The idea was to recreate the L89 427 with all aftermarket parts just to see if we could best the GM power numbers. What we didn't know until we chucked the motor on a dyno is we built a little 427 that is knocking on the door of the race-only L88. Not only did we build a pretty healthy engine, we did it without pushing everything to the limits. If we want to expand our pump-gas 427-or we should say our 0.030-over 427 (433ci)-it can be built up into the 600ci range because we used an aftermarket block. Funny how we are calling a 427 small-man, how things have changed.
Last month, we covered how to blueprint an engine using this engine as the guinea pig. This story will cover the parts recipe and dyno tuning of the rev-happy Rat. Instead of trying to find a clean block out of the junkyard or swap meet, we decided to start with something better. Dart's Big M iron block will be the foundation for the build. Inside the block, we used an Eagle forged 4340 chromoly-steel crankshaft, Eagle I-beam rods, and forged JE 30cc domed pistons.
To make sure this 427 sounded as nasty as possible, we ordered up a Big Mutha' Thumpr cam from Comp. Let us tell you, this cam does thump. Again, instead of trying to find a factory set of painfully expensive, rare aluminum heads, we grabbed a set of Darts new 275cc Pro 1 oval port castings. These heads have many cool features that make them better than factory, but we will get into that later. To cap off the top end, we picked up a Weiand Stealth dual-plane intake manifold and a Holley 750 CFM Street HP carburetor. Providing spark is a digital E-Curve distributor from MSD. It's a billet aluminum small body distributor that has a digital module inside so you can set the timing curve with two rotary dials.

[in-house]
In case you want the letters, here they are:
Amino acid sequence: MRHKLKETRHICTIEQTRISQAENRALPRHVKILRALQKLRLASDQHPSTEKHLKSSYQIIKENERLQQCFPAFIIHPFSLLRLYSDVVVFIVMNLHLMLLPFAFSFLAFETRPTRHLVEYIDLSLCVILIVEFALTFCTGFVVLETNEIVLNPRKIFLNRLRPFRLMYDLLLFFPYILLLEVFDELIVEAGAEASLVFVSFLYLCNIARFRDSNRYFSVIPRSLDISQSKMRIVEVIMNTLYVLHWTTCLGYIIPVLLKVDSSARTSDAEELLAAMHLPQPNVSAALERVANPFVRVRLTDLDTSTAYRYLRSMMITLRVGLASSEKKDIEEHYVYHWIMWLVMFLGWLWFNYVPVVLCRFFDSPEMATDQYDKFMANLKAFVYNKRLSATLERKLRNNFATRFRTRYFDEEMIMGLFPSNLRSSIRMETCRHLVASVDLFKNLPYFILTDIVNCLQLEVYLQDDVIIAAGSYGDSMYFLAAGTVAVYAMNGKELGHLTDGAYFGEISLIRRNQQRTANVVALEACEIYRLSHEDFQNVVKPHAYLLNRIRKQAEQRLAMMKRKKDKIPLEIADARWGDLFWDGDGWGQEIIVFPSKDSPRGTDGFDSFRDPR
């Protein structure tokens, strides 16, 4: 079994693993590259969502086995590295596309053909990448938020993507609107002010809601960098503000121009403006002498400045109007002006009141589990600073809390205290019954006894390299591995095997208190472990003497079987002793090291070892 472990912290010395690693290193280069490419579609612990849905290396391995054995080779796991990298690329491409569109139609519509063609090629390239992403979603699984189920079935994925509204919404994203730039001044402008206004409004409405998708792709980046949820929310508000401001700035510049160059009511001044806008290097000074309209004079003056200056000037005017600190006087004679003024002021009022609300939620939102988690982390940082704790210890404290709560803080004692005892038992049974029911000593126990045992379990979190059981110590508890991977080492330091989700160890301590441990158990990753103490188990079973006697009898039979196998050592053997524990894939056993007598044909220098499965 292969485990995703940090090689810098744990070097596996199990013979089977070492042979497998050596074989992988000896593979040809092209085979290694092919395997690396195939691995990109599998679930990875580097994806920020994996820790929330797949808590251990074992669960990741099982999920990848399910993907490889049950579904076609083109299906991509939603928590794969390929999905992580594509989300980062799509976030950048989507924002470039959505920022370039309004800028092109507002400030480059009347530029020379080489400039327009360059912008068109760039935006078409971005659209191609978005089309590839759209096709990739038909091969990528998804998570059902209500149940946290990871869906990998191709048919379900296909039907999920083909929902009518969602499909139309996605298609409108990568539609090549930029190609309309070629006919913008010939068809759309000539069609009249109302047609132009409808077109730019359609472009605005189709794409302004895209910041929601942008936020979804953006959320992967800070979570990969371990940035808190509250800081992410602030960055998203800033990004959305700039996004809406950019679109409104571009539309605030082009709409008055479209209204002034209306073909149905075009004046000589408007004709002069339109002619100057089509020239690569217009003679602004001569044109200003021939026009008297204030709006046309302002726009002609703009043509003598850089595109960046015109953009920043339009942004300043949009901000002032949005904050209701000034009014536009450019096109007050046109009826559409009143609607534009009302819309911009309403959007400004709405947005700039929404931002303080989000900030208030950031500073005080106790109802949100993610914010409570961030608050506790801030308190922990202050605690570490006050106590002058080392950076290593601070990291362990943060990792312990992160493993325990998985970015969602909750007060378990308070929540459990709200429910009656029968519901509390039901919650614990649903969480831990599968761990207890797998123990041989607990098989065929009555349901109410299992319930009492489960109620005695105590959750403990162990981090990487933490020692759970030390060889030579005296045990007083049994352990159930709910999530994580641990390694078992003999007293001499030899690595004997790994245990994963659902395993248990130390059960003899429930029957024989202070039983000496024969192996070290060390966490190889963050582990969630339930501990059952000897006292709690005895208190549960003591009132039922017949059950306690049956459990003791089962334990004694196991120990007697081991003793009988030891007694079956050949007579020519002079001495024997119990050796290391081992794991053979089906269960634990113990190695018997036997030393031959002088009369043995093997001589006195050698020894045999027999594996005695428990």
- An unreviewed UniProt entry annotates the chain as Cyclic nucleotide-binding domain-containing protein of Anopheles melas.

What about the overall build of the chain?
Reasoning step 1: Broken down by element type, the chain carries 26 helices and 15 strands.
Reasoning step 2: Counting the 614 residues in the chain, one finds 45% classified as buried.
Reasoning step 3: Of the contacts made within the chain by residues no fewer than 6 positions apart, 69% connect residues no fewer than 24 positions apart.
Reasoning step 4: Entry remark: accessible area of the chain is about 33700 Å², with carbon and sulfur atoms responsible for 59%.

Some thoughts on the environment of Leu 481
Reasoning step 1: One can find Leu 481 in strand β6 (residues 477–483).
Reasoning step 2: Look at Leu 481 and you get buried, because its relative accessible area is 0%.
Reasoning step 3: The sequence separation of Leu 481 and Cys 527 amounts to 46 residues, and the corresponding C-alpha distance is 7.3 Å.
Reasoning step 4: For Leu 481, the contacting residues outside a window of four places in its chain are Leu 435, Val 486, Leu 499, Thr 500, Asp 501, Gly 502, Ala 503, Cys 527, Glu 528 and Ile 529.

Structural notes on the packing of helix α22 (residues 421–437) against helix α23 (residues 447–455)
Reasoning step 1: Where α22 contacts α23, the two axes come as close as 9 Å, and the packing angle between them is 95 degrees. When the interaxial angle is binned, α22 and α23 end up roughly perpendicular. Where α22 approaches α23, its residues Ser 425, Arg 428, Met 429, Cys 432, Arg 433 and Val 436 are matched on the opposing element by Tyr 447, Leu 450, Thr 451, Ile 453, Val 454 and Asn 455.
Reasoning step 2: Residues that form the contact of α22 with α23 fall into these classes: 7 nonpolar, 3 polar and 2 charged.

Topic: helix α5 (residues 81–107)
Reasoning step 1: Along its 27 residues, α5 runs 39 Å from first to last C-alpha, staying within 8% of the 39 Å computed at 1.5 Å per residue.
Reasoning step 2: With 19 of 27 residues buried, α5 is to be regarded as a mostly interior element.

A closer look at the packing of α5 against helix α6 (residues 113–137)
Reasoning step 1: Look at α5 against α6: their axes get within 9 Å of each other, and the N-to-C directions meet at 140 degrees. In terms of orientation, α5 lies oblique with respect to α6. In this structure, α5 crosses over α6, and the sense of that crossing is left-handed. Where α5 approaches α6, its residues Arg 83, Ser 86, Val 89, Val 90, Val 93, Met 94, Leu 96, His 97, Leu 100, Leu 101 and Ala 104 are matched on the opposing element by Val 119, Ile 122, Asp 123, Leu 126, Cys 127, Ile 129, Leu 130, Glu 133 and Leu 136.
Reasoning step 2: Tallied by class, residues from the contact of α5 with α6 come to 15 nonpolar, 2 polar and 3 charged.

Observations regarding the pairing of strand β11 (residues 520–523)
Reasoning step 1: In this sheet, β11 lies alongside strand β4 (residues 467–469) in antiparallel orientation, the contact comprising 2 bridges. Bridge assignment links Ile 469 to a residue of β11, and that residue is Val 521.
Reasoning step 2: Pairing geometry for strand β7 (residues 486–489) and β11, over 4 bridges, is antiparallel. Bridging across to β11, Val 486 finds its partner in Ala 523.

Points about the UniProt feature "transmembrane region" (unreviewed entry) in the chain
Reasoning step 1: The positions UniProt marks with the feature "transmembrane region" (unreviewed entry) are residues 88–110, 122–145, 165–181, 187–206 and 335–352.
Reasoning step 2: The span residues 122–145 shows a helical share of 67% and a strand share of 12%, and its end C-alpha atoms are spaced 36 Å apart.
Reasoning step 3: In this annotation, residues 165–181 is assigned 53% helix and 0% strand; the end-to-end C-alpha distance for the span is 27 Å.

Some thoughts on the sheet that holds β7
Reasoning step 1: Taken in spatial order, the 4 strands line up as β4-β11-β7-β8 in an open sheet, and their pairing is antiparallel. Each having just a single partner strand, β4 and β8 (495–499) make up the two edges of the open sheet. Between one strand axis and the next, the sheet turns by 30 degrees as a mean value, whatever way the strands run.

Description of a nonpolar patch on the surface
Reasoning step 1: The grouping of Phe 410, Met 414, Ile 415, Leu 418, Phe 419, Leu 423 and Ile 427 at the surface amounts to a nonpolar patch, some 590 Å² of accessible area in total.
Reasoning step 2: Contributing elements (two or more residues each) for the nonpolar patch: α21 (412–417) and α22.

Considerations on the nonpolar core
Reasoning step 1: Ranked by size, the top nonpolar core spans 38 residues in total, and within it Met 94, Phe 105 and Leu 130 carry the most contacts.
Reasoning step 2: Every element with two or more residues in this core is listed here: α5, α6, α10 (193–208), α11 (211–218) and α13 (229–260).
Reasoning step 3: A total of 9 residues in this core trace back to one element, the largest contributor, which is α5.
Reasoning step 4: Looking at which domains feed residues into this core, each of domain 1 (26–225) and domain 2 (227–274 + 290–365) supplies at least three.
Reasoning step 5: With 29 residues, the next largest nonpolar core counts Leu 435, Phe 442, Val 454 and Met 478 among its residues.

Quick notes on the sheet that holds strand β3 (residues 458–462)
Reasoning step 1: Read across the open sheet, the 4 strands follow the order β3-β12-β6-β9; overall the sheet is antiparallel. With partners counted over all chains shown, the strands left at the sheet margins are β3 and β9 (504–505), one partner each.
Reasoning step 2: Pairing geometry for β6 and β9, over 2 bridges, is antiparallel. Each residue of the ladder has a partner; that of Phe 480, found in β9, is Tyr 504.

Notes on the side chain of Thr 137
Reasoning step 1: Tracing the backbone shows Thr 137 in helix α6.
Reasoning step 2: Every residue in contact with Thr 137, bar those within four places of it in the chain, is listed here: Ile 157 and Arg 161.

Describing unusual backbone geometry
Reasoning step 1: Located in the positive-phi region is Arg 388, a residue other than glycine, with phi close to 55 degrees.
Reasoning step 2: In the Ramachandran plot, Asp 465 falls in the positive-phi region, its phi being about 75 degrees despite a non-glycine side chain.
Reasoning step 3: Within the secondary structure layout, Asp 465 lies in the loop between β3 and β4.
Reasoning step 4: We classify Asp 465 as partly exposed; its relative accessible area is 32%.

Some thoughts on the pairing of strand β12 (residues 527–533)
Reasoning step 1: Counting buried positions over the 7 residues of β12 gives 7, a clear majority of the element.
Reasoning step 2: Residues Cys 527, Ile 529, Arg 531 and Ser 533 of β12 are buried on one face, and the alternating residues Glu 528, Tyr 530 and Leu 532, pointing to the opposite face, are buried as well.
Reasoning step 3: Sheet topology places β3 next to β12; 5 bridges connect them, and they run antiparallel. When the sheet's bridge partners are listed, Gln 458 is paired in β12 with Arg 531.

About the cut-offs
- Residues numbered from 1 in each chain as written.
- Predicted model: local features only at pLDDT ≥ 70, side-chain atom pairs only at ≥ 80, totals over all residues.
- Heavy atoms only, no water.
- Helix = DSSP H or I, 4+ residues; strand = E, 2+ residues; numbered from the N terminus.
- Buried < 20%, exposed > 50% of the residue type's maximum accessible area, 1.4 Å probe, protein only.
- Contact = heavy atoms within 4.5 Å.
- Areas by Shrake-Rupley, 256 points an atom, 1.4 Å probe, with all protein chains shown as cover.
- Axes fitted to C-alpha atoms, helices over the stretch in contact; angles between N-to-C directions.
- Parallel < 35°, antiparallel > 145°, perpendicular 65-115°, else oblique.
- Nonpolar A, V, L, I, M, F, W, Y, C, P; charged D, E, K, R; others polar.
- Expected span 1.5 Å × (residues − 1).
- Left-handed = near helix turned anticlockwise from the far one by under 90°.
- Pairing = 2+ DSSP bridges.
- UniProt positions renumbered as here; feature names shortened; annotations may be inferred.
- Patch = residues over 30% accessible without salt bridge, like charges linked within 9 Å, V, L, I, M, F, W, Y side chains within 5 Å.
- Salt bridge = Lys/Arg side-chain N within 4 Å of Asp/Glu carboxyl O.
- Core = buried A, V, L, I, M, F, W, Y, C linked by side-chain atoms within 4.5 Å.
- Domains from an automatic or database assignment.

Now that you have an idea of the components we used to build our version of the L89, let's get into the good stuff. Jeff Strech from Speed-O-Motive took time out of his busy schedule to finish assembling our long block and tune it on the dyno.